WCL joins RBC Training Ground to find new Olympic talent
Canadian athletes between the ages of 14 and 25 have the chance to be scouted by thirteen Team Canada sports for free, including Wrestling
TORONTO —RBC Training Ground is back for an eighth season, and has grown to include four new National Sport Organization partners, including Wrestling Canada Lutte.
Developed in partnership with the Canadian Olympic Committee and Canadian Olympic Foundation, and with support from the Canadian Olympic and Paralympic Sport Institute Network, RBC Training Ground is a nation-wide talent identification program dedicated to finding and funding Canada’s future Olympians.
WCL joins other new NSO partners Boxing Canada, Climbing Escalade Canada and Triathlon Canada along with longstanding partners like: Cycling Canada and Rowing Canada to discover athletes for their national teams.
“We at WCL are proud to once again be partnered with RBC Training ground,” said Chris Woodcroft, WCL High Performance Director. “This is an excellent opportunity to help identify, recruit and develop future Olympians in the sport of wrestling.”
At each qualifying event, participants from a wide range of sport backgrounds perform speed, strength, power, and endurance benchmark testing in front of National Sport Organizations (NSO) partners. Following the National Final later this year where 100 hopefuls will compete, the top 30 athletes will be selected as RBC Future Olympians to receive funding, mentorship, and other resources to pursue their Olympic dreams.
“While some participants are looking to re-energize or boost an Olympic dream in a sport they are already pursuing, others participate with the hope of being discovered and directed toward an Olympic sport they may have never considered,” said Evan MacInnis, Technical Director for RBC Training Ground. “But they all rely on raw athleticism and determination to attract the attention of our sport partners and are excited to see where this program can take them.”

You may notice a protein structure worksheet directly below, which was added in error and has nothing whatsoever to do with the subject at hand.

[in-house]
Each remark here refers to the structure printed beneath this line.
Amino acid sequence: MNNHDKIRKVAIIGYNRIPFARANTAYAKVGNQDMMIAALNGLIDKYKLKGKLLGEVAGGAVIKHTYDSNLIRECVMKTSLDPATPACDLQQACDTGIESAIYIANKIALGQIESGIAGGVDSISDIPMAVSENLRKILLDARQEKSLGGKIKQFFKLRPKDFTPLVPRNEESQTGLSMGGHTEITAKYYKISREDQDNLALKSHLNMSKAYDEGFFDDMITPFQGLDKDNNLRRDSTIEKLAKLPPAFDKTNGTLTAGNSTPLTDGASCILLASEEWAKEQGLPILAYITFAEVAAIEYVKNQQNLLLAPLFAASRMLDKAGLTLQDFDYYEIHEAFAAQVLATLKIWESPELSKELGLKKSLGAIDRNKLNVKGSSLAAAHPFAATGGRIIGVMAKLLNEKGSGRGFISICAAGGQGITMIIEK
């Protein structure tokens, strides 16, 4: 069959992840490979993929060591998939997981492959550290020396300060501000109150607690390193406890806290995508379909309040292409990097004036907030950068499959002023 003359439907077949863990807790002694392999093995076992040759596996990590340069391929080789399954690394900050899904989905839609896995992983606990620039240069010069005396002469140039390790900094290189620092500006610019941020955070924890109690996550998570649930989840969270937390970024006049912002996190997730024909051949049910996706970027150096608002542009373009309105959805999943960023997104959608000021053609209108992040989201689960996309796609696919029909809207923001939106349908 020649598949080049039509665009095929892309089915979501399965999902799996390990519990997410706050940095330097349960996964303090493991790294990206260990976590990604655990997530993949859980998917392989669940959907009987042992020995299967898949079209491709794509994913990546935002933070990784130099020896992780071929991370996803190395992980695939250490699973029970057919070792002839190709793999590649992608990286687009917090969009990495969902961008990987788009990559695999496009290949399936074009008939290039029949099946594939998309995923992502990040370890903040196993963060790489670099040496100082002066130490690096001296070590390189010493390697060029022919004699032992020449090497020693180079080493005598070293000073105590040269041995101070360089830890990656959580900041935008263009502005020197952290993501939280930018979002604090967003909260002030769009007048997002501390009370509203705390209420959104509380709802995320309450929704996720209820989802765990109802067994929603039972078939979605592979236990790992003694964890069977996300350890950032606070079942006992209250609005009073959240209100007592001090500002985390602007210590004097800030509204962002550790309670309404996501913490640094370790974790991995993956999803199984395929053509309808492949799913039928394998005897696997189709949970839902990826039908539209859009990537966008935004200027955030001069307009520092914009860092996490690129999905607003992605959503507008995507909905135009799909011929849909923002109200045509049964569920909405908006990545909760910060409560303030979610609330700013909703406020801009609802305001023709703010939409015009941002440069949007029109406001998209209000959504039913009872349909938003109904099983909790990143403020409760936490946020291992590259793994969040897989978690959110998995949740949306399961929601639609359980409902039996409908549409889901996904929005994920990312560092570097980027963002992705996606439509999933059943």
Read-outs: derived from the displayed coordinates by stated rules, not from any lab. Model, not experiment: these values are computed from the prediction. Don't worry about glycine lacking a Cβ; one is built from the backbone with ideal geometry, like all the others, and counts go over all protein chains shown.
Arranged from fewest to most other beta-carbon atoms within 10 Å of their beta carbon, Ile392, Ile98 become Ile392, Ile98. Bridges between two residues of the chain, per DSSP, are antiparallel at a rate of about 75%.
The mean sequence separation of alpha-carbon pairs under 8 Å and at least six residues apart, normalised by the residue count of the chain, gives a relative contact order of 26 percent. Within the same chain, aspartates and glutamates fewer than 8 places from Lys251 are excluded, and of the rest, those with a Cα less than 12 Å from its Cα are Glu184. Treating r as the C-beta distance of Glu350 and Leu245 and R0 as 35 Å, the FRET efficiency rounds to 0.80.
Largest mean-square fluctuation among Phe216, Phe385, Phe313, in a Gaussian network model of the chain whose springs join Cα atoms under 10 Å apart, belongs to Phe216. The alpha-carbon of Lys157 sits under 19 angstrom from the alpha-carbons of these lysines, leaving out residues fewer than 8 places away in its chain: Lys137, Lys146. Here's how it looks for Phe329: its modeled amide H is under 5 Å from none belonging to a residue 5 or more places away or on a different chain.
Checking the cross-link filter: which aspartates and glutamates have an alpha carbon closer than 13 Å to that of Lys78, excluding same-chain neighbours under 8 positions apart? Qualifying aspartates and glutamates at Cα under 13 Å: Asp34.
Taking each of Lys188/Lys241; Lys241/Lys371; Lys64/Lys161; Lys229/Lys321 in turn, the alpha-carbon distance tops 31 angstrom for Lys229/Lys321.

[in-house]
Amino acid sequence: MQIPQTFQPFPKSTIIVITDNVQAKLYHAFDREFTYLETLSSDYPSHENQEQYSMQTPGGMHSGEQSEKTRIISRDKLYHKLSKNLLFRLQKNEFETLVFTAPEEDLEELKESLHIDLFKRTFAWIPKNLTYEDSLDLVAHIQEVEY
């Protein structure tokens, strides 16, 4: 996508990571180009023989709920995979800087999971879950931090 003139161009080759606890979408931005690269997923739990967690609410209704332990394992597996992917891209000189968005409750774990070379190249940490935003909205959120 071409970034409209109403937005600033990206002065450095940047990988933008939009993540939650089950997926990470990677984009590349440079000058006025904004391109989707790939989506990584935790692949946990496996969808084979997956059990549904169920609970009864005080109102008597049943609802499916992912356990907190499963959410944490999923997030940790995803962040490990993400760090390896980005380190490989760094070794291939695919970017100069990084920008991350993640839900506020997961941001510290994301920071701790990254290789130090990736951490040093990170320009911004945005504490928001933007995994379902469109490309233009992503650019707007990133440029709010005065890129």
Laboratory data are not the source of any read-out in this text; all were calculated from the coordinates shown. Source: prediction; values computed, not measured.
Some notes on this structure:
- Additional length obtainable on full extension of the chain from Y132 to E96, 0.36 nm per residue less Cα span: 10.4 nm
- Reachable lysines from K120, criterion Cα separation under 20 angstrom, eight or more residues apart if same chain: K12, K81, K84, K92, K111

In addition to the 17 free qualifying events, in 2023 RBC Training Ground will also host custom testing events for North American Indigenous Games (NAIG) provincial delegations, including Alberta and Saskatchewan, as they prepare for NAIG 2023.
“We recognize that Indigenous athletes in Canada experience barriers to participating in sport. We hope that by bringing RBC Training Ground to regional NAIG events, we’re making it easier for Indigenous athletes to chase their Olympic dreams,” said Shannon Cole, Vice President, Brand Marketing, RBC. “We truly believe in the power of sport to unite and inspire our communities, and we look forward to working with new sport partners and communities to continue to develop the next generation of Team Canada.”
Since its inception in 2016, RBC Training Ground has tested 12,000 athletes across Canada, with more than 1,600 athletes being identified by National Sport Organizations as having Olympic potential – many in a sport they had never considered. The list of National Sport Organization program partners in 2023 is available here. Registration and the most up-to-date event information for all local RBC Training Ground events is available at RBCTrainingGround.ca.
Thirteen athletes who were discovered and funded through RBC Training Ground have competed at the Tokyo 2020 Olympic Games and Beijing 2022 Olympic Games, bringing home a collective seven medals. Among them are program alumni Jerome Blake (Silver Medallist in Athletics – Relay 4x100m), Kelsey Mitchell (Gold Medallist in Track Cycling – Women’s Sprint) and Marion Thénault (Bronze Medallist in Freestyle Skiing – Mixed Team Aerials), the latter two of whom did not have experience in their Olympic sport before attending an RBC Training Ground event.
”RBC Training Ground has proven to be a valuable incubator for Team Canada,” said Eric Myles, Chief Sport Officer of the Canadian Olympic Committee. “Alongside our sport partners, we are so proud to be part of this incredible program.”